Lets Encrypt is a new Certificate Authority (CA), run for the public’s benefit by the Internet Security Research Group (ISRG). At the time of writing it’s currently in Beta and is due to go public in December 2015. Update: Lets Encrypt went into public -beta on December 3 2015. I have updated this article with […]Read more "Centralizing Certificate Management of LetsEncrypt with a Raspberry PI"
Weather webcams are always popular and it is easy and free to set one up yourself. This article will show how to setup a simple USB webcam to produce still images and serve them on a local apache webserver.Read more "Setting up a Weather WebCam on Linux"
I had this problem of debugging some xml but when reading the output of some log4j it was almost impossible to read so I needed some way of prettifying the xml quickly. For this example I have the following xml: So how do we pretify this in emacs? Well the first thing to do is […]Read more "Formatting xml in emacs"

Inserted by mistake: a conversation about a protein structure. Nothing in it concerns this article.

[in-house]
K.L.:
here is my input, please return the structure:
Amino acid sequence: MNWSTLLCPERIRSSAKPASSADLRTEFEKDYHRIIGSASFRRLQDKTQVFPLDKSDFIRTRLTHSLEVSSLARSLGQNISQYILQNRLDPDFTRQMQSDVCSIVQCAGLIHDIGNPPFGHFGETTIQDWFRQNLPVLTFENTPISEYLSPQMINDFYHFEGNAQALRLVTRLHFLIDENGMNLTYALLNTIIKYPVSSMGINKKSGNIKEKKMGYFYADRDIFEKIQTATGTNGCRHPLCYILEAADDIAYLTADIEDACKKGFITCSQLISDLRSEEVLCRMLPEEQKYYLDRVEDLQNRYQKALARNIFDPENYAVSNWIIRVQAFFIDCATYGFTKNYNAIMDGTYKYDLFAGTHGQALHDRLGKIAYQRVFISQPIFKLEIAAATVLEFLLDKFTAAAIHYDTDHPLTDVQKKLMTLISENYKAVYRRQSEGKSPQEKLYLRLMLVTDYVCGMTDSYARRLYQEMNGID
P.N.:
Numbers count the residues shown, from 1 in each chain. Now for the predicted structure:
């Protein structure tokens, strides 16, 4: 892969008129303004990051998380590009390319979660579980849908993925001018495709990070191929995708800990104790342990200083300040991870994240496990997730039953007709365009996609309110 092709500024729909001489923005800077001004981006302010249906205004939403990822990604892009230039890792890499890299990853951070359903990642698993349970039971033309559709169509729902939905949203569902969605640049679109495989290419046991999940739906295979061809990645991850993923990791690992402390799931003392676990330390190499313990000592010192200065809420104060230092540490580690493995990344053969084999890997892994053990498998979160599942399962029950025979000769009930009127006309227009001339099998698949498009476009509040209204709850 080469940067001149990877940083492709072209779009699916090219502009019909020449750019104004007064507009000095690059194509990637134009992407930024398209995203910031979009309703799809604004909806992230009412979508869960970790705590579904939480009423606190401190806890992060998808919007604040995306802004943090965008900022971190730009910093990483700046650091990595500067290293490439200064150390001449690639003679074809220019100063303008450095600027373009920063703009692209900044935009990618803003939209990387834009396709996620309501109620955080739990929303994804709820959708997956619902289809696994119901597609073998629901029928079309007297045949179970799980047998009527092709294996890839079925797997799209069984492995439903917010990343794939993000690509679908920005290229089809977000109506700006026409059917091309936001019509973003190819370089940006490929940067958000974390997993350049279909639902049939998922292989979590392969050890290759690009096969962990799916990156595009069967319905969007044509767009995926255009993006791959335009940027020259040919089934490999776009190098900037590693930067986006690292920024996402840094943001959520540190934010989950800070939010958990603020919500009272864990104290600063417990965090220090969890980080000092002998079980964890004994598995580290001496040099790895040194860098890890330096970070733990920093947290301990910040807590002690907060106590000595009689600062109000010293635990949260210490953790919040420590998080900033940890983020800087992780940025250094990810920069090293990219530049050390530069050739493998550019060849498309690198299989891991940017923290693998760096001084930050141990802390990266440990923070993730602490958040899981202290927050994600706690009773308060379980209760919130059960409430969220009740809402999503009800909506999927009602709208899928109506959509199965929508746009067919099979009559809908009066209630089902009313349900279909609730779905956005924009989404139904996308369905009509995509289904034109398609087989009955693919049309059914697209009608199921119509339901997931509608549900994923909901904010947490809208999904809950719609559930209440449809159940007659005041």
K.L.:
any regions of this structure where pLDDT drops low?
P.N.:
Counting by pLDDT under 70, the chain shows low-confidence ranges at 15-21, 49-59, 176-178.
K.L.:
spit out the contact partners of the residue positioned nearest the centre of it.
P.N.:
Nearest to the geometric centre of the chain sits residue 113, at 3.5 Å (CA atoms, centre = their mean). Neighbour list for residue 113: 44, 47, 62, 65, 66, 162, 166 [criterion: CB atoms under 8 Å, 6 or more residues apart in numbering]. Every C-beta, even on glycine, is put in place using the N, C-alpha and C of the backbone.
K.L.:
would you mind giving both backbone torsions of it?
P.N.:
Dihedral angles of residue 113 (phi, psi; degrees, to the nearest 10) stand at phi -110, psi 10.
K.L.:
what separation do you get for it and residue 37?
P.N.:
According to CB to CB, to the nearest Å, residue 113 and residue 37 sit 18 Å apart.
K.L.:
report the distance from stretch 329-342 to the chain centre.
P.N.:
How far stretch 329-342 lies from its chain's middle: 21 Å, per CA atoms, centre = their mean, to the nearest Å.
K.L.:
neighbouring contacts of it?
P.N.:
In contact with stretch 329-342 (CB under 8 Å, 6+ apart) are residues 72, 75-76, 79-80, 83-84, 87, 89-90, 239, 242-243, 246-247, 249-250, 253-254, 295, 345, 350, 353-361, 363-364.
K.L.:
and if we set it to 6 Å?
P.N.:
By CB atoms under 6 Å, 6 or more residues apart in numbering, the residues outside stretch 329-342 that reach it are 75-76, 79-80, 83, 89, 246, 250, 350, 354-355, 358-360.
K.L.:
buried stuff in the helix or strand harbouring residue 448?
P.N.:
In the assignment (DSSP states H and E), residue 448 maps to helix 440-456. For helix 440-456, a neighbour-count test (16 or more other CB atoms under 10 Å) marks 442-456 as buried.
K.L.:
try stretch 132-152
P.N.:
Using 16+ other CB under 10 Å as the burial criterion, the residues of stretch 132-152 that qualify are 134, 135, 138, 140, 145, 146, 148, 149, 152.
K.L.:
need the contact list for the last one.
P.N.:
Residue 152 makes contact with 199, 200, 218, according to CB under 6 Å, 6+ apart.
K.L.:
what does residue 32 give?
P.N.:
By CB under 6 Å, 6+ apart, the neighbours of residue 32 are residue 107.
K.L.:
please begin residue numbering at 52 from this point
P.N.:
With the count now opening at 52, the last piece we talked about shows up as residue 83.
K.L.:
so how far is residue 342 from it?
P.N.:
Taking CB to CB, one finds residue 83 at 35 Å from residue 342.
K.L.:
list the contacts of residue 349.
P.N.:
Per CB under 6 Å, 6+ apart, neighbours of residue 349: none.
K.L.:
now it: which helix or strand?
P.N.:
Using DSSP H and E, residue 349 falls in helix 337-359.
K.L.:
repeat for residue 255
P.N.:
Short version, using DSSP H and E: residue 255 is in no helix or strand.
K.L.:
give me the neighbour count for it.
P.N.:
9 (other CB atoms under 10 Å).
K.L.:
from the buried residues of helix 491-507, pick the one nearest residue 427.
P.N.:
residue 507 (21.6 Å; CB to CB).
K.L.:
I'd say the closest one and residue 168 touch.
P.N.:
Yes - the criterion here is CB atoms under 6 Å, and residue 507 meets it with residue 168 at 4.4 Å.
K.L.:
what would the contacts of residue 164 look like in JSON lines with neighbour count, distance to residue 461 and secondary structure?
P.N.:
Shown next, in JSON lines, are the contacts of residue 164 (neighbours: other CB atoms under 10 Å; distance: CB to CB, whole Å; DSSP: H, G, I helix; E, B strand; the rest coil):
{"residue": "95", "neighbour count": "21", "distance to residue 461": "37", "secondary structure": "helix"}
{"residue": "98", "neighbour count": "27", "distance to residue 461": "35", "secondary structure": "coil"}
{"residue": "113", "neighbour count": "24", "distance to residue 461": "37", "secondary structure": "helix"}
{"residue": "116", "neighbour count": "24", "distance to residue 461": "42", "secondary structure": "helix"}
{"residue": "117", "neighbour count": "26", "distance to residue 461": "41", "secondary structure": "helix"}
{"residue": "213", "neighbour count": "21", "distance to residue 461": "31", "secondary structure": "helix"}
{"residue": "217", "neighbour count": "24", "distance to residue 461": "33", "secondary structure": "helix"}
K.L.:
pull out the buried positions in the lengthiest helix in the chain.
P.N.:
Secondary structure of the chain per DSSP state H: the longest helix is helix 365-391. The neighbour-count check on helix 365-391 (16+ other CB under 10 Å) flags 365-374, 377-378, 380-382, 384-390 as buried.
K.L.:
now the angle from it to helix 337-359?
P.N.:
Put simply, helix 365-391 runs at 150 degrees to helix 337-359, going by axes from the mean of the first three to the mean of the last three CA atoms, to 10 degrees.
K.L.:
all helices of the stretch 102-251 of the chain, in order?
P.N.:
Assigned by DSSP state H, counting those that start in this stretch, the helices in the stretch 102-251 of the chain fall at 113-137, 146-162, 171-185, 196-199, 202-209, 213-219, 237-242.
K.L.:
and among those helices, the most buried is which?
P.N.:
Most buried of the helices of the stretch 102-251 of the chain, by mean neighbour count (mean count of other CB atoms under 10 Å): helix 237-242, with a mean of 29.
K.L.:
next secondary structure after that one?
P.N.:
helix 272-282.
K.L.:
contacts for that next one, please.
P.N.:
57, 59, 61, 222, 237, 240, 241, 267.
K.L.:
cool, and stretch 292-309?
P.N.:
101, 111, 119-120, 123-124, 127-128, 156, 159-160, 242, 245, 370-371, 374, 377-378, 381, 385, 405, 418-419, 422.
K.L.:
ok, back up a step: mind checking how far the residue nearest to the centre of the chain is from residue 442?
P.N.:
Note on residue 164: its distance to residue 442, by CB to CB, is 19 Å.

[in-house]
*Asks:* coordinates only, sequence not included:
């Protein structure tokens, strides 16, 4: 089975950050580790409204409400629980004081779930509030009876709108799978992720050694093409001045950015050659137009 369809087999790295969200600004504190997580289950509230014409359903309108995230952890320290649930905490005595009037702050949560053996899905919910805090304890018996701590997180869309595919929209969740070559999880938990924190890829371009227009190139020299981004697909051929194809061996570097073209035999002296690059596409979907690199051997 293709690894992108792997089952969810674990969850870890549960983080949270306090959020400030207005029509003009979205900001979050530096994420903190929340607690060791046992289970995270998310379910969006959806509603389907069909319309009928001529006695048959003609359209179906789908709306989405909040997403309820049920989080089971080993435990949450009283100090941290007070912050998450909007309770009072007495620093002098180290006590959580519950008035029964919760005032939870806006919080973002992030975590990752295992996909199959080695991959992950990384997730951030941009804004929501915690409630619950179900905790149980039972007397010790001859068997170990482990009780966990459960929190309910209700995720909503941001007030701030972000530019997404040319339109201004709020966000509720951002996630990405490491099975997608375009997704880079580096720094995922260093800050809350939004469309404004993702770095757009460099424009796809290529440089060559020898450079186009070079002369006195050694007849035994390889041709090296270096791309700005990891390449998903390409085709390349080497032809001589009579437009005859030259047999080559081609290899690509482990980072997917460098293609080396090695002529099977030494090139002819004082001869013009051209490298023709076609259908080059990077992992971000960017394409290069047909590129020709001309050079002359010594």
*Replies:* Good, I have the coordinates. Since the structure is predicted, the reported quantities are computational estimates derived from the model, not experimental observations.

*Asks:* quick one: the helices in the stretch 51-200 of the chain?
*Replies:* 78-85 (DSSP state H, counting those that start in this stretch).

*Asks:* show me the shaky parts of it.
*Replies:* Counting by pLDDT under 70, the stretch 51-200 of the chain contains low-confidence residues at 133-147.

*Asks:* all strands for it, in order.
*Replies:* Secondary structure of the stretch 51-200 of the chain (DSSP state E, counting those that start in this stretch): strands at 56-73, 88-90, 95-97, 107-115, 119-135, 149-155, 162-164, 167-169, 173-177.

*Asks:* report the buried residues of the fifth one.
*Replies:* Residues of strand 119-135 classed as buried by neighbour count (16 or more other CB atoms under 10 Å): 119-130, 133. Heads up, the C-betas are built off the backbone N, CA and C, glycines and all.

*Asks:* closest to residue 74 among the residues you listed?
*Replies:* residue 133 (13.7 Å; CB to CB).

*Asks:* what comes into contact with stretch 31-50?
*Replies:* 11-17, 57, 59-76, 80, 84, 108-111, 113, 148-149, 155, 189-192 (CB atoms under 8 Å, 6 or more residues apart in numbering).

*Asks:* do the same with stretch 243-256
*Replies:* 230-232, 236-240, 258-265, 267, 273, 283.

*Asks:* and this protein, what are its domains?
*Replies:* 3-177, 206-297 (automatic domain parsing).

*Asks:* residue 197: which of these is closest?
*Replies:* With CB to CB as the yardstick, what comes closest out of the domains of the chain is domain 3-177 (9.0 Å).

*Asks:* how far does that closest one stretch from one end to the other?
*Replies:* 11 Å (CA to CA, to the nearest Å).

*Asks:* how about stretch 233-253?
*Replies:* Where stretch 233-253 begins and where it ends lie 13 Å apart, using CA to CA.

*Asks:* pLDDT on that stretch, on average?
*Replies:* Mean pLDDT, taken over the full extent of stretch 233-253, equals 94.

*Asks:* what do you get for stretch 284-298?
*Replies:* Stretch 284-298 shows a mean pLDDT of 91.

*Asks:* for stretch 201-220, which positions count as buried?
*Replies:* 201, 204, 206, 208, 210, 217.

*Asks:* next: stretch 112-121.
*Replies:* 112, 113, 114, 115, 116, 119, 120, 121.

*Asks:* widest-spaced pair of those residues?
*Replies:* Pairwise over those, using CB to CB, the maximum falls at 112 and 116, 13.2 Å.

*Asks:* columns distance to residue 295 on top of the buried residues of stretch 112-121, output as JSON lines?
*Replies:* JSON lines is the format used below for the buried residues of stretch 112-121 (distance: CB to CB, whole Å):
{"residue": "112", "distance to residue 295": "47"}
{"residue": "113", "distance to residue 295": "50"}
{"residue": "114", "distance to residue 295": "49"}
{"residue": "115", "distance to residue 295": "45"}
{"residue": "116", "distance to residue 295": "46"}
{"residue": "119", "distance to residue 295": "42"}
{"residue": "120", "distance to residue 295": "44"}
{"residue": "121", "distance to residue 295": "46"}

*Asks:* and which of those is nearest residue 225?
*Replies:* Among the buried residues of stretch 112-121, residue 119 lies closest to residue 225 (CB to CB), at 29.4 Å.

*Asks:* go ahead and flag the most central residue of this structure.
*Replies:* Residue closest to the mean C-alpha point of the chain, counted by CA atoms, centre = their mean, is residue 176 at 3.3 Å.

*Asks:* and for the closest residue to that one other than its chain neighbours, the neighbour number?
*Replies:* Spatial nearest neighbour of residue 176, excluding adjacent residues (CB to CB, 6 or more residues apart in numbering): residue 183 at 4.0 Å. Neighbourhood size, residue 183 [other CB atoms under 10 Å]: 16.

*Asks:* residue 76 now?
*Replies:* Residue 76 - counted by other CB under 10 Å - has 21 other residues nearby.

As the Raspberry PI uses an SD Card for it’s boot device there are times when you need either more space than is available on that device or a device that’s faster – writing to flash is slow and flash cards do have a limited number of writes that can be made to them. Now […]Read more "Using NFS to provide extra disk to a Raspberry PI"
New in Ubuntu 12.04 is whoopsie – which sends a crash log to ubuntu. Nice feature? Well no as they don’t tell you about it nor to they ask you, they just do it. Nice privacy issue guys. To tell if you have it check the file /etc/default/whoopsie If you see that then it’s enabled. […]Read more "Whoopsie & how to disable it on Ubuntu 12.04 or Mint 13"
Keys are the basis of public key algorithms and PKI. Keys usually come in pairs, with one half being the public key and the other half being the private key. With OpenSSL, the private key contains the public key information as well, so a public key doesn’t need to be generated separately. Public keys come in several […]Read more "Generating private keys with openssl"
This probably applies to Ubuntu as well, but on my Linux Mint 10 install it was stuck on Firefox 3.5 with the occasional updates so how do you get the latest Firefox to install with updates? Well it’s pretty simple, first make sure FireFox isn’t running then: sudo add-apt-repository ppa:mozillateam/firefox-stable sudo apt-get update sudo apt-get […]Read more "Installing the latest Firefox on Linux Mint"